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HOW NOT TO: Do video

See also: How not to use Twitter / How not to use LinkedIn / How not to do content marketing How not to use Facebook How not to use Google+How not to blog/ How not to calculate social ROI

We’ve all heard that video is the new corporate must-have and that it’s 5,000 times more engaging than anything else out there in marketing land. But there are lots of ways to get it wrong. These are just a few. 

‘We’ve all got iPhones now, so we can all make videos’
This annoying phrase has been chucked around a fair bit over the last couple of years, mainly by people producing substandard video content. Yes, it is factually correct; most of us have the technology in our pockets to record a video. But that doesn’t mean we all have the skills, ideas and understanding of narrative structure and brand identity to produce professional quality video. Owning a paint brush doesn’t turn you into Picasso.

Go off-piste
Tearing up the brand rule book is an error far too many organisations make when it comes to producing video; maybe because relatively few people are used to the process. Whatever the reason: if you wouldn’t break a brand rule on social or in other written collateral, don’t do so on film. Make sure the person putting the video together understands your brand.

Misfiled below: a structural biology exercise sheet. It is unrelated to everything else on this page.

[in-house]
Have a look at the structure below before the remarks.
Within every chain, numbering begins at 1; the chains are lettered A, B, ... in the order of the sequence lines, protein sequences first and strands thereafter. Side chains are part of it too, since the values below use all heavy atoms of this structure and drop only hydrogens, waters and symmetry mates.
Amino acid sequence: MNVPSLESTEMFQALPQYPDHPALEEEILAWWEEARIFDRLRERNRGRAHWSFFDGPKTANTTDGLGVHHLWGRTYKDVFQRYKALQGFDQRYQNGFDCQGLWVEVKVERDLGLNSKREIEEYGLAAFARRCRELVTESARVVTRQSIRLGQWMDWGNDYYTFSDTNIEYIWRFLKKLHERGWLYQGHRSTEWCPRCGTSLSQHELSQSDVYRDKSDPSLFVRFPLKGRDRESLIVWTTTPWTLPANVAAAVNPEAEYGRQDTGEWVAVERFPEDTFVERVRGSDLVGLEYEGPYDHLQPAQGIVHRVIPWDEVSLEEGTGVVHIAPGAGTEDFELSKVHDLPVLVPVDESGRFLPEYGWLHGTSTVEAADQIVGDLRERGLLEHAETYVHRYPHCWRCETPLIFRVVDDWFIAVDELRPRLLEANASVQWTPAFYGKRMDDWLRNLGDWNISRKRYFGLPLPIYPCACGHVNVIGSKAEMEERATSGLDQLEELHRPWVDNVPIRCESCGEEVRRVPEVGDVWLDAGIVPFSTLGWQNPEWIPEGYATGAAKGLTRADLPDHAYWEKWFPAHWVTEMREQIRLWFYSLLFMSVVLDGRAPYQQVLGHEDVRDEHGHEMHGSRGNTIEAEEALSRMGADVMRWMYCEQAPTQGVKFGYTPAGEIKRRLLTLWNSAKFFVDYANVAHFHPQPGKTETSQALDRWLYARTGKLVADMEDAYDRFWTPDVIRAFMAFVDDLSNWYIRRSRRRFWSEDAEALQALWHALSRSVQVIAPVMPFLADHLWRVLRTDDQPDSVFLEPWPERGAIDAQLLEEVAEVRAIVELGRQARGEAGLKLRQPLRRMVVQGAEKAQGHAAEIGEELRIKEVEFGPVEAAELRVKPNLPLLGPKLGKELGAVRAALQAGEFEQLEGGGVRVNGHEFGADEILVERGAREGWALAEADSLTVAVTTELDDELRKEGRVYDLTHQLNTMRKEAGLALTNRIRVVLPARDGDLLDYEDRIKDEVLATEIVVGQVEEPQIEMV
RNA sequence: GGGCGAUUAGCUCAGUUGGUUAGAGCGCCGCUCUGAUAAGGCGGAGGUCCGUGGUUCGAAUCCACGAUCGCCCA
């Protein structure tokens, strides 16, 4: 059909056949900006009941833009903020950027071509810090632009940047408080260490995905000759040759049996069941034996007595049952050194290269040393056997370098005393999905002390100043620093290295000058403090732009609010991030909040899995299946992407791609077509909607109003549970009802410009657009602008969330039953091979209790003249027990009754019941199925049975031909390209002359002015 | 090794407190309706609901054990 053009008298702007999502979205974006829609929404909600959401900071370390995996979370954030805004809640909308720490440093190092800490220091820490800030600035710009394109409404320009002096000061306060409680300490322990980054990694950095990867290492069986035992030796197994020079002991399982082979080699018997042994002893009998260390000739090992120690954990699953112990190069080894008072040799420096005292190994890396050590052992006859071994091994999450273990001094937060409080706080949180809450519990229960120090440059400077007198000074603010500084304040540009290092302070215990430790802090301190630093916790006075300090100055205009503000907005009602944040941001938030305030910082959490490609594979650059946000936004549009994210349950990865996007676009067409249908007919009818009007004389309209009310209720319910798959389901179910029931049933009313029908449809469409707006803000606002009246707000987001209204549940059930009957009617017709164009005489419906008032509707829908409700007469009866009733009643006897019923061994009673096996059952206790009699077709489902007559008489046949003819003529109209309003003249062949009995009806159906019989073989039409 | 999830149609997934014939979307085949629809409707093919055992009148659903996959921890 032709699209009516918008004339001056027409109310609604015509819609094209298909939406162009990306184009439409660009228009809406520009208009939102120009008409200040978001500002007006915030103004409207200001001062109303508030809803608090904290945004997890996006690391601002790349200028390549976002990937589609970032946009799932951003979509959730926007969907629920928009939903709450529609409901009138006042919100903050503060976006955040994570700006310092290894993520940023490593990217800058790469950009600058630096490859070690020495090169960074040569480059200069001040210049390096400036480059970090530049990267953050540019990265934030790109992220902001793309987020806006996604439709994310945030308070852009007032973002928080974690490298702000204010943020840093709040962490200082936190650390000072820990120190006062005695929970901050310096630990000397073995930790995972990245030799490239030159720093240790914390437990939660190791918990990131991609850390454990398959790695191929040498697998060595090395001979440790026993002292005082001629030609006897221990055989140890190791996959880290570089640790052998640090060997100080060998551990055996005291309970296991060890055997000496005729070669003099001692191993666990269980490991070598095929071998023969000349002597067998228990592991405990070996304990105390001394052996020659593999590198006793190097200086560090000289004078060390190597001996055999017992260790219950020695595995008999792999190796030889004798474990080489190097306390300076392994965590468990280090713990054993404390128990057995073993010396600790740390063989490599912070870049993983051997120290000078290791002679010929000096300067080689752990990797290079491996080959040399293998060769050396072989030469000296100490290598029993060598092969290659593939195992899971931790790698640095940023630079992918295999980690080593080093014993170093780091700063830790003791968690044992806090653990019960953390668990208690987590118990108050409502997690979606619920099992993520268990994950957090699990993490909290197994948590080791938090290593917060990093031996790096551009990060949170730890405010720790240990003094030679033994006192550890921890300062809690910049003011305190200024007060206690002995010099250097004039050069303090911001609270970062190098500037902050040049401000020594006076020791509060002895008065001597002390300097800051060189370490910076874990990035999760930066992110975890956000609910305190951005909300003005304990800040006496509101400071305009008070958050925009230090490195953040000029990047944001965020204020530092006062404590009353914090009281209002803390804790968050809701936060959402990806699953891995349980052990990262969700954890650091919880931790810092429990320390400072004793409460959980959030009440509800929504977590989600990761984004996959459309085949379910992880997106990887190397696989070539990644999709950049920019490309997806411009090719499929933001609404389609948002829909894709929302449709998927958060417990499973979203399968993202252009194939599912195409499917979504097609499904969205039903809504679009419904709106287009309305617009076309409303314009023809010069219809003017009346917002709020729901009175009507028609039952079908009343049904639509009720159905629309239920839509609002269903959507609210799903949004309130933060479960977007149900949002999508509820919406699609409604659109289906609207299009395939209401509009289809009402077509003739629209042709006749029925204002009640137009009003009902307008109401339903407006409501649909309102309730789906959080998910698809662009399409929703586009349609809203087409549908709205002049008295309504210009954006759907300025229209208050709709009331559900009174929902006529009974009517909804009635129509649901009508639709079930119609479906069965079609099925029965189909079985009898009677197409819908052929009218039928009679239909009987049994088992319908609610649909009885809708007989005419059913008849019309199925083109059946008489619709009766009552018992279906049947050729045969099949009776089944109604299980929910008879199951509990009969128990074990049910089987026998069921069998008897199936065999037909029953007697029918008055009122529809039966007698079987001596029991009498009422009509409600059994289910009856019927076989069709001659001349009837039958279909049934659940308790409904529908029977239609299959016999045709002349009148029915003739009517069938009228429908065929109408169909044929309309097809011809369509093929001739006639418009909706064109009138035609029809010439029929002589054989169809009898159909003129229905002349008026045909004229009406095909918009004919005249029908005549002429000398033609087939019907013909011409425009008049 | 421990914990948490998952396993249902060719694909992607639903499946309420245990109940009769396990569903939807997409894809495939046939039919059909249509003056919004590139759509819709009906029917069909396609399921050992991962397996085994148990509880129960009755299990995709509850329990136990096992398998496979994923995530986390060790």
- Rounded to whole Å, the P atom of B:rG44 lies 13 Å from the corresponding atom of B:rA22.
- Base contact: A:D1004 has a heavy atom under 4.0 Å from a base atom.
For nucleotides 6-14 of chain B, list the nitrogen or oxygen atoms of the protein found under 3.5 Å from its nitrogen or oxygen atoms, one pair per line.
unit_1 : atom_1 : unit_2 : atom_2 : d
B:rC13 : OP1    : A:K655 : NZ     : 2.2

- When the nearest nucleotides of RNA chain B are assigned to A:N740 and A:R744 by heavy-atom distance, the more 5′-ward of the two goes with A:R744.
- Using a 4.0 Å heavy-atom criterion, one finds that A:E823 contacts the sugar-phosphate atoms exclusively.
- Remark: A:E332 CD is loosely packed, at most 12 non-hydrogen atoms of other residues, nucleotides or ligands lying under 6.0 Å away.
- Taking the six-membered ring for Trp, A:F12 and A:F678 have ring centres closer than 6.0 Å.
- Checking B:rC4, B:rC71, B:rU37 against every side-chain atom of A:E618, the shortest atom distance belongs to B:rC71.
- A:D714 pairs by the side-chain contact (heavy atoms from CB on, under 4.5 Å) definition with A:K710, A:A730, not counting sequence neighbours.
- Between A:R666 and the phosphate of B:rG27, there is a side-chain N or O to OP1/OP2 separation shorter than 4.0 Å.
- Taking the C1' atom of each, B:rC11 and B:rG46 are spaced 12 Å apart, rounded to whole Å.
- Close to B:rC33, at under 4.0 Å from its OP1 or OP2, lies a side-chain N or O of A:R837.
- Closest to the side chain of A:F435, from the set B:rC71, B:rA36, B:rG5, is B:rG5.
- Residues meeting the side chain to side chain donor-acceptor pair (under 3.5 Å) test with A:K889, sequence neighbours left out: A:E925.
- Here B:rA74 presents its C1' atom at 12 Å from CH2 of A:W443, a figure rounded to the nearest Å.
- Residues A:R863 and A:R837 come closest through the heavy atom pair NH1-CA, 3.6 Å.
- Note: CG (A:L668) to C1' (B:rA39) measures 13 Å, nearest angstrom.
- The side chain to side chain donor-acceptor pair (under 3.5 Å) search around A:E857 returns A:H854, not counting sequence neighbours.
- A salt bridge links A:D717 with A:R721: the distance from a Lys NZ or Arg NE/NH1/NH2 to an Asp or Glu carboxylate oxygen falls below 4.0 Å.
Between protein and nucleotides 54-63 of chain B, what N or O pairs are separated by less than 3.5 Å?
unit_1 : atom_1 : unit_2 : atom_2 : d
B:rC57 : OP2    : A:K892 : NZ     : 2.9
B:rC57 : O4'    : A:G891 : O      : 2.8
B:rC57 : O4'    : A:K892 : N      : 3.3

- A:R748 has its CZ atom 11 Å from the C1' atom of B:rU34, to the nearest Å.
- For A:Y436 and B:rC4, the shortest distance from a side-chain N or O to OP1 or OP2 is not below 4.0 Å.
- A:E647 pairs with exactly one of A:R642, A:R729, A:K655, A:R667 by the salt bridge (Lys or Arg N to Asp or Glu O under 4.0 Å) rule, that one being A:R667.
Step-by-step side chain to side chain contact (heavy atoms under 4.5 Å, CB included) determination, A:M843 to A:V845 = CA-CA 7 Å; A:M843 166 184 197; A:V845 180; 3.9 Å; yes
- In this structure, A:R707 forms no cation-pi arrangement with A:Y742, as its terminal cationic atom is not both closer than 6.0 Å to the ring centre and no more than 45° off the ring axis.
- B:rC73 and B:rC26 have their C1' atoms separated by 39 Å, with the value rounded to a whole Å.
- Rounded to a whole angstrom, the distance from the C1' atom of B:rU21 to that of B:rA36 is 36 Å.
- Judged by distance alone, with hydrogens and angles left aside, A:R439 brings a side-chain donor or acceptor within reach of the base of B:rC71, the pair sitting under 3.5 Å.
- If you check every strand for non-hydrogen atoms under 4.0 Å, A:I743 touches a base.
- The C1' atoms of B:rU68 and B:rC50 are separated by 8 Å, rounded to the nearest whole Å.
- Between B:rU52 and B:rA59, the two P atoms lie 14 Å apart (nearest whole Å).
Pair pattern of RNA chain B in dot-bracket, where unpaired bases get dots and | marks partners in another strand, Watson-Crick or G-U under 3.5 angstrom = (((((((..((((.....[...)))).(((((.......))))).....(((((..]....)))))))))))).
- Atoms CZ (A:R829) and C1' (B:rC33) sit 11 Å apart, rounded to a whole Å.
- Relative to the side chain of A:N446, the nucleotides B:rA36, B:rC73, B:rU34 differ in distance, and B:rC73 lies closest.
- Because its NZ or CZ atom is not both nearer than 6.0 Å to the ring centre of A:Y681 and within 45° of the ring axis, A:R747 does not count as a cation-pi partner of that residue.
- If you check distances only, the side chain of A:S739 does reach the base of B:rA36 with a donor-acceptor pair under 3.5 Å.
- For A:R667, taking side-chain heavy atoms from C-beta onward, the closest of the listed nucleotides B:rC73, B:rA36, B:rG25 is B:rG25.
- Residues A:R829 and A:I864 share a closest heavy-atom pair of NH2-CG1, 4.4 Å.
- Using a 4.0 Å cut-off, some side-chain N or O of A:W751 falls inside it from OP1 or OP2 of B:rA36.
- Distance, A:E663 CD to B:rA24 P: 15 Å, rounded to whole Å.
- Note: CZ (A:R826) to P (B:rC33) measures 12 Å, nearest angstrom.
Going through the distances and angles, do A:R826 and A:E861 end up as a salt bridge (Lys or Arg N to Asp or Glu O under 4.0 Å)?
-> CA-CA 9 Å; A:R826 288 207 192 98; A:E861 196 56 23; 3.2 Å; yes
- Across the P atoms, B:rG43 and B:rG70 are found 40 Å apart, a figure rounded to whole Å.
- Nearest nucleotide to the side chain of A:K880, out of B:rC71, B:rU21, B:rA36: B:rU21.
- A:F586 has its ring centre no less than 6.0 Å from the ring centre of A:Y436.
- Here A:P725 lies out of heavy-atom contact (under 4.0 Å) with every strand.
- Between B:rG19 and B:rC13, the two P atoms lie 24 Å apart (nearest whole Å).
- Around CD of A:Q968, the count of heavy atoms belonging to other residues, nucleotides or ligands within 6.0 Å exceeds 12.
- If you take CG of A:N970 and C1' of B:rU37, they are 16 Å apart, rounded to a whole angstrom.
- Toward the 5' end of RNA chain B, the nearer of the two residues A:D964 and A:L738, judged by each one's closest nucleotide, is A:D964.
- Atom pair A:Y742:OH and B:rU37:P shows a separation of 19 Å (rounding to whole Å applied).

Calls to action
Again, brands new to video that would never fail to include calls to action elsewhere often fail to do so when making the leap to film. It stands to reason that you probably want to ellicit some kind of response from the people that view your videos. Even if it’s just a case of including clickable links leading to ‘more information,’ it’s worth making it easy for interested parties.

Long = boring
Videos, much like any other form of content, need to be of the correct length if they are to resonate with their audience (just ask Lord of the Rings fans). In the B2B Marketing context, this means that you’re going to need a petty remarkable piece of content if you’re going to retain your audience’s interest for more than, say, two minutes. In short, keep it brief.

Integrate and recycle
Decent video content does not come without meaningful investment, so make sure you’re making the most of your video budget. Perhaps you could repurpose the video content, making a whitepaper or blog from the content. Whatever you do, don’t forget to integrate the video across your channels, and share it as widely as possible.